1: If you prefer to write your Lovelace config in YAML, Lovelace also includes an optional YAML mode.
Migrating to Lovelace
You have to do… nothing! If not configured, Lovelace will use the same algorithm to built-up the UI as the old UI did.
With Lovelace we’ve built a foundation that not only provides a lean and sleek interface, but will also allow us to add many new exciting features in the future. The main difference with the old UI is that we no longer store any UI concerns in the state machine.
When Home Assistant was started, I came up with an algorithm that would automatically organize the available entities in badges, cards and tabs; and then show that on the screen. Users demanded more influence; so over time, we’ve added a bunch of components and features of the backend whose main or sole purpose were to influence how the algorithm in the UI shows and organizes entities.
As this kept growing, I realized that we were on the wrong path. It was impossible to get an algorithm that would fulfill all needs and the backend shouldn’t be aware of anything in the frontend. It should just deliver the entities and the frontend should figure out how to display things together with the user.
At the same time as this was happening, we also had some discussions about the development of the frontend. Users wanted more control on what is shown, when it’s shown and how it’s shown. Eventually, @andrey-git came up with Custom UI for the old interface. This allowed users to do whatever they wanted. However, it was limited to power users.
Lovelace was built from the start to tackle these problems. The initial version completely dropped the algorithm and required users to add each card to their configuration. We went from a fully automatic UI to nothing. We launched it under the nomer “experimental UI” and it quickly gained traction. People loved the control and the ability to inject custom cards or entity rows at will.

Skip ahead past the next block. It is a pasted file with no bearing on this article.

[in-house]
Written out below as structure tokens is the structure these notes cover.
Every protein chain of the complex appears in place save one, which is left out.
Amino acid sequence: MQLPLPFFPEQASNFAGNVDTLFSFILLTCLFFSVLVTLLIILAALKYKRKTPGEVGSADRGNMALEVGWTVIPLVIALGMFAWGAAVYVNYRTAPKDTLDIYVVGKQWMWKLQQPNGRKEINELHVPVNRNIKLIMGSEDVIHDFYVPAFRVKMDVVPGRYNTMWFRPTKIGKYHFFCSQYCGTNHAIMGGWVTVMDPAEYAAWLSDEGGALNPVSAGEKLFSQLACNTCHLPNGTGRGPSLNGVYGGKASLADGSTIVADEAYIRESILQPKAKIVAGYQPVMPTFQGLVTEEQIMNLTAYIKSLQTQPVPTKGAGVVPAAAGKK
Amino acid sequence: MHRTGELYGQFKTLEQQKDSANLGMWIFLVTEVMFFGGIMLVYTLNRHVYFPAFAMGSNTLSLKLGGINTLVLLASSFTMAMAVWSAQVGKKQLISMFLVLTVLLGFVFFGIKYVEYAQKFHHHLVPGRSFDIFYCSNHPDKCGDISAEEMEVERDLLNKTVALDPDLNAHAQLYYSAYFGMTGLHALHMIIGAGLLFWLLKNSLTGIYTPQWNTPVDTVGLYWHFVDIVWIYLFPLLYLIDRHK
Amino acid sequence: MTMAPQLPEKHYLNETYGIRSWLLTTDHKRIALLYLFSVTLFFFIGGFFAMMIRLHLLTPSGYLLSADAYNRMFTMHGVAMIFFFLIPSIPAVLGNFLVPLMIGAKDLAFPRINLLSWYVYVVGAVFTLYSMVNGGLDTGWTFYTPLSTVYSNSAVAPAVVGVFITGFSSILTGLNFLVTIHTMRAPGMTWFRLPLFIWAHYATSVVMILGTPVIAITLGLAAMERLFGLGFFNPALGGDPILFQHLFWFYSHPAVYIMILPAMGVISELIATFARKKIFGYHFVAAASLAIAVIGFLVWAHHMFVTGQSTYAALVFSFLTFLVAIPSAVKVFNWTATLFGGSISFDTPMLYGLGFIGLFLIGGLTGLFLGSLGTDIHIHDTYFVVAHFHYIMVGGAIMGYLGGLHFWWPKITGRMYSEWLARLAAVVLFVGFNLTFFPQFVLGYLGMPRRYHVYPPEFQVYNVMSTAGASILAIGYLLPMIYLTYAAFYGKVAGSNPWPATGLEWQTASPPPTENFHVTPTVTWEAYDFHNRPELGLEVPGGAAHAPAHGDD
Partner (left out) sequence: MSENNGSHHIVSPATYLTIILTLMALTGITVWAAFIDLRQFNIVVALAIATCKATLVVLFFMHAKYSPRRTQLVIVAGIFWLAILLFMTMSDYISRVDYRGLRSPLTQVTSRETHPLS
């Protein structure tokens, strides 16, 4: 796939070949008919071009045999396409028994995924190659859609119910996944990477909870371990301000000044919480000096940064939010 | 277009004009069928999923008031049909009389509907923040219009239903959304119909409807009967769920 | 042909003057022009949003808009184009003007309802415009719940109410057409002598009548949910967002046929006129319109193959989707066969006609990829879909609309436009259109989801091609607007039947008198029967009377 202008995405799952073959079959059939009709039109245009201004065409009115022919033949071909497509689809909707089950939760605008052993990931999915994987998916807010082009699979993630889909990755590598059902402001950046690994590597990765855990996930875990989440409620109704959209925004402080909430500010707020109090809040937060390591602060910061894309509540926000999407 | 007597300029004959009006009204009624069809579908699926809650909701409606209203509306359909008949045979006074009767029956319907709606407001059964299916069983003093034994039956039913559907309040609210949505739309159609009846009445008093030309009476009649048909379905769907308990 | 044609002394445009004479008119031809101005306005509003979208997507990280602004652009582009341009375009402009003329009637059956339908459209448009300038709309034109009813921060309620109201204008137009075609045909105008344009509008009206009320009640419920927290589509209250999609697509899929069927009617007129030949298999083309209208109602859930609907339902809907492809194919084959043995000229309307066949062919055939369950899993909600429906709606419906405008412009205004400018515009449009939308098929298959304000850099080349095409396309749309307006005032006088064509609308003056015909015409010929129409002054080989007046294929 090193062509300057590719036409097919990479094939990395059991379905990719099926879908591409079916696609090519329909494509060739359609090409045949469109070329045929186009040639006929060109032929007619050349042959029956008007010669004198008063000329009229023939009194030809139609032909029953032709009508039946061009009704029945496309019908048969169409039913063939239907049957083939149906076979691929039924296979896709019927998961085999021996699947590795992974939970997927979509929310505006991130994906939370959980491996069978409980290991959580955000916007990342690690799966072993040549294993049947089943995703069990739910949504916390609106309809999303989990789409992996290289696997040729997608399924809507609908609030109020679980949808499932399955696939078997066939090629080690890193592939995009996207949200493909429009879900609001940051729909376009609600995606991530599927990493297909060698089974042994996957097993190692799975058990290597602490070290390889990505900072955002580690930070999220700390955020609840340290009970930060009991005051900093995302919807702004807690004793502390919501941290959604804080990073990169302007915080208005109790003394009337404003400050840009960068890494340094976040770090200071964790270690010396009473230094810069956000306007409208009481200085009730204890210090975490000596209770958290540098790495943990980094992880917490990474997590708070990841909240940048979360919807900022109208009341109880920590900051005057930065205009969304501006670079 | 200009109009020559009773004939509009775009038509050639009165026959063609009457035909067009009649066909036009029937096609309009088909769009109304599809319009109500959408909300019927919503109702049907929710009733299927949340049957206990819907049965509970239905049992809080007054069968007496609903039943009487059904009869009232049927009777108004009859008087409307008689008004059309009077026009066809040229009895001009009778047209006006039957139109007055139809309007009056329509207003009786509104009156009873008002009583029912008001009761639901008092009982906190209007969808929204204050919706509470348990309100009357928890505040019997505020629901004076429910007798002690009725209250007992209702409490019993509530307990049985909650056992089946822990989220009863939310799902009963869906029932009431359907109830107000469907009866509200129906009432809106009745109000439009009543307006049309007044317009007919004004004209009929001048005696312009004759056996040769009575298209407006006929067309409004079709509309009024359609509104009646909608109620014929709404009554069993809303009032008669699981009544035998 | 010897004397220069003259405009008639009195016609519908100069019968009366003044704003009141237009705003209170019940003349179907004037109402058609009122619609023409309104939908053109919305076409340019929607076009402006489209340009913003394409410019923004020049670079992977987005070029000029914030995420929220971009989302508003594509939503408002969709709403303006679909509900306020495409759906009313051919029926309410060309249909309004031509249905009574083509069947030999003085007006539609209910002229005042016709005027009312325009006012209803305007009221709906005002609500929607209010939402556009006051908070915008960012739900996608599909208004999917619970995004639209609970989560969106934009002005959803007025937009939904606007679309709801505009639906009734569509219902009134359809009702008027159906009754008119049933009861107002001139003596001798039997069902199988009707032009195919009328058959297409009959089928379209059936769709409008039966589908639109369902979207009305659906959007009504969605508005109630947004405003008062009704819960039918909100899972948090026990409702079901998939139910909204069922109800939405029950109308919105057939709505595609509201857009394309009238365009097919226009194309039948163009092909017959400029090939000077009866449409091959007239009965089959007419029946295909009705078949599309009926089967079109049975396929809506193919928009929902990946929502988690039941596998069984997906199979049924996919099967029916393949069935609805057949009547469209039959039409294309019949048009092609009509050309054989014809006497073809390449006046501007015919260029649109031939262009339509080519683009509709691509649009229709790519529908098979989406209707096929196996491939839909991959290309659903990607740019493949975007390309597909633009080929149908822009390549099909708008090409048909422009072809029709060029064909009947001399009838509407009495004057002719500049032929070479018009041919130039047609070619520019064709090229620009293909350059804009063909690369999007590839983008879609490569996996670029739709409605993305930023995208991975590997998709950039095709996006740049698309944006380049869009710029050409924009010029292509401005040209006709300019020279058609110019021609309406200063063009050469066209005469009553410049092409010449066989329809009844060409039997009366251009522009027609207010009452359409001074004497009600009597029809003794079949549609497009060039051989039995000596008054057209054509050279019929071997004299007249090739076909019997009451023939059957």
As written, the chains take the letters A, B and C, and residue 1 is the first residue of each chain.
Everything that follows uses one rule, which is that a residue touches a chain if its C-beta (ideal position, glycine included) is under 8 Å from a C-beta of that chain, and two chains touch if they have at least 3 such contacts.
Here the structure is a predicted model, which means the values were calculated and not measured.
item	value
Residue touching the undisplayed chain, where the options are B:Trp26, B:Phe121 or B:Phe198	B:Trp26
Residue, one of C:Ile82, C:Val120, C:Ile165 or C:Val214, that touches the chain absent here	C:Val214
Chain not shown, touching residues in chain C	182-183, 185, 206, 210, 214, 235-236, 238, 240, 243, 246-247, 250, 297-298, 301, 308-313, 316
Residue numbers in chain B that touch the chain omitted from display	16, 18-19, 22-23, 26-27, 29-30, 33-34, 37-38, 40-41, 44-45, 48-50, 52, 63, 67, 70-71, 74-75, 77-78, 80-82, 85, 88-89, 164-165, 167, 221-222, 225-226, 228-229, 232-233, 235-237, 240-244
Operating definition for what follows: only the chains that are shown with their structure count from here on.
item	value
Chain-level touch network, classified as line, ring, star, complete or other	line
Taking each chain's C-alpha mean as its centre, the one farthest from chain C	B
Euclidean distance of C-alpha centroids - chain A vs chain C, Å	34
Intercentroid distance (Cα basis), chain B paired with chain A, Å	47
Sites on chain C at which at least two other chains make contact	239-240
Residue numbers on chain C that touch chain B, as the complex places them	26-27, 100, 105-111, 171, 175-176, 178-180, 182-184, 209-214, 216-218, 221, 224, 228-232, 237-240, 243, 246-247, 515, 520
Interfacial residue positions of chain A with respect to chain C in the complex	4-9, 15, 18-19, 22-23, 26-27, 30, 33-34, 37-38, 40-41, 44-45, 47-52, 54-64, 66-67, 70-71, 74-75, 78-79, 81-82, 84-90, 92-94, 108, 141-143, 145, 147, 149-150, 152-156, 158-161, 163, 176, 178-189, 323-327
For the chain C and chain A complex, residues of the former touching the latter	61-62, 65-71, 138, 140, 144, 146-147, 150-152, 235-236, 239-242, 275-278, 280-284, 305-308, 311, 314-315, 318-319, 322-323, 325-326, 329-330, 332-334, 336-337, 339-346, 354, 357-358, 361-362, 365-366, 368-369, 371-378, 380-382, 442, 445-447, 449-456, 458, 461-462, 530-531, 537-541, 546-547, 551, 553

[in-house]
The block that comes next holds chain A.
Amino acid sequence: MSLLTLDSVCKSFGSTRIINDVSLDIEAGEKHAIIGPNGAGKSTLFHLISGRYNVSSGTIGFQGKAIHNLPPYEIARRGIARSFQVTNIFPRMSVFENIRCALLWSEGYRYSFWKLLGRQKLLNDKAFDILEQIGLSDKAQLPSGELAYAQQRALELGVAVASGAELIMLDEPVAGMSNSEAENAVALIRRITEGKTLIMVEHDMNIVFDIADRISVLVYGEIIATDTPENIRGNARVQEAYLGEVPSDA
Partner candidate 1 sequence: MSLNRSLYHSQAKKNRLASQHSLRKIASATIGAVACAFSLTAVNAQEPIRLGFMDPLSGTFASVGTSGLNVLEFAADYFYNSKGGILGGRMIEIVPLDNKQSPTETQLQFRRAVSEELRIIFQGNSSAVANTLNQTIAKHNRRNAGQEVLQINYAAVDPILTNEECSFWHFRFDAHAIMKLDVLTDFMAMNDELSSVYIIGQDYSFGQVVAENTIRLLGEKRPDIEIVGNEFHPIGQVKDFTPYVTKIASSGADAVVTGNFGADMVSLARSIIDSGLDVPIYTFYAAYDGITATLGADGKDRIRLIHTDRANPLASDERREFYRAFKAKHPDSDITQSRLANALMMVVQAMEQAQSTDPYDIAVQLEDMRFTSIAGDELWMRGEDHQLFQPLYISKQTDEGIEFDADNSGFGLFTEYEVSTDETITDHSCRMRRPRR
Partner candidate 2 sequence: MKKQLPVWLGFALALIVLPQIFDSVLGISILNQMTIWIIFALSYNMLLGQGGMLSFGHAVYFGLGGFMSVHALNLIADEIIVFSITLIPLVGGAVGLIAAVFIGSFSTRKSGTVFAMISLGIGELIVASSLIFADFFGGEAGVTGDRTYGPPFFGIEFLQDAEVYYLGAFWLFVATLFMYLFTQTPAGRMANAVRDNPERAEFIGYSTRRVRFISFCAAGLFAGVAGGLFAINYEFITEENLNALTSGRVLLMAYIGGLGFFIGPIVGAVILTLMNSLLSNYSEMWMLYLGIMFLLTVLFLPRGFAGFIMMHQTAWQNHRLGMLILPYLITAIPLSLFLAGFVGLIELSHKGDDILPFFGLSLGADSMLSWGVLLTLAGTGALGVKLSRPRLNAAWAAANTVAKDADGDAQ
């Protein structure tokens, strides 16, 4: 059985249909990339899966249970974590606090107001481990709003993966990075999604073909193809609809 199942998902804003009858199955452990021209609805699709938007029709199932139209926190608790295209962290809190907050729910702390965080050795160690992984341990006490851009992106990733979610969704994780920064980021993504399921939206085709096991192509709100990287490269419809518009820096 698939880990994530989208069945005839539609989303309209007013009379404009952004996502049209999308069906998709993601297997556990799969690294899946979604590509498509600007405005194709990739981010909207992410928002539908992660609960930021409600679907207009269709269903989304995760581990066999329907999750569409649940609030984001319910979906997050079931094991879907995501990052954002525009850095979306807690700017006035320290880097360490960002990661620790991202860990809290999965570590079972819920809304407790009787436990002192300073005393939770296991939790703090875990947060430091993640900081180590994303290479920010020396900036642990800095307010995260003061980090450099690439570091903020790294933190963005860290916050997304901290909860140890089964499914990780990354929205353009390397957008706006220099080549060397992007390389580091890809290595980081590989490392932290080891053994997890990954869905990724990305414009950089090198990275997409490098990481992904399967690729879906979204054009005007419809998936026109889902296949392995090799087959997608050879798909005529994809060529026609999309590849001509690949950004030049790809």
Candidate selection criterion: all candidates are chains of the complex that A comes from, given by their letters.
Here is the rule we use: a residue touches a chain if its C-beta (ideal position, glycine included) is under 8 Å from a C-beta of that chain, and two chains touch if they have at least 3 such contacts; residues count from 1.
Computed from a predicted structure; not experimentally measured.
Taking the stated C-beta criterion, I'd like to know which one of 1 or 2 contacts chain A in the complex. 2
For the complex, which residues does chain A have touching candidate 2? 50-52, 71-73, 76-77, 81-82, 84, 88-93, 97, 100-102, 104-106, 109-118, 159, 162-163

The enthusiasm was great among our power users, however by switching away from an automatic UI, we were no longer beginner-friendly. A new user would open Home Assistant and they would see a blank, unconfigured UI. We realized that this had to be solved if we were to make Lovelace the default.
To solve this, we re-introduced our automatic algorithm. However, this time the algorithm generates a Lovelace configuration. If a user doesn’t like the automatic configuration, they can take control and configure it to their liking. When you take control, the automatic generated configuration will no longer be updated by Home Assistant, allowing the user to change each detail.
To make configuring your UI as easy as possible, Lovelace UI allows (custom) cards to include a config editor. This way the user will be able to quickly edit a card while a live preview shows how the changes look. If a card does not include an editor (yet), the user will be presented with a text editor in the browser.
Lovelace UI has been 8 months in the making and it has been a big undertaking. We’ve worked hard and are proud of being able to ship this first version. Lovelace UI would not have been possible without the following current and former members of the Lovelace team:
I also want to thank the community for adopting this so eagerly, building a ton of helpful tooling and examples and helping one another to create beautiful UIs for their homes.
The transition to Lovelace should be painless for most users. If you are encountering issues, please let us know. For the time being, you will be able to still change back to the old user interface on a per-device basis by going to the info developer tool and following the instructions.
Slugify changed, which can impact entity ID creation if the entities had names with either a - or characters outside of A-Z and the integration has no unique IDs. We now better handle the characters and substitute it with an alternative instead of removing that character.
Read this breaking change warning? 👆 Good. Let’s get started. This is the first release of 2019 and it covers a whopping 4 weeks, as we skipped the last release of the year to focus on friends and family. This is going to be a great year and we’re planning a lot of cool stuff. If you haven’t seen it yet, check the State of the Union to see what we have planned.
We’ve been so good at taking a break, that we pushed Lovelace as the default UI to 86 to make sure it’s super polished. We expect just bug fixes between 85 and 86, so feel free to check it out!
We’re also busy churning through the backlog of open PRs for Home Assistant (170 as of now), if you did a contribution over the past 4 weeks, we’ll get to it soon.
During the break we’ve launched the Home Assistant Data Science Portal. It explains all the data that Home Assistant stores and how you can get a data science environment going to explore it yourself.
This release also features native support for ESPHome, a system for managing ESP8266 and ESP32 microchips with a YAML config inspired by Home Assistant. The native API replaces MQTT for ESPHome firmwares and is designed specifically for Home Assistant and absolute efficiency. 🏎 It also comes with a Hass.io add-on to make configuration even easier.
Paulus Schoutsen Less than one minute reading time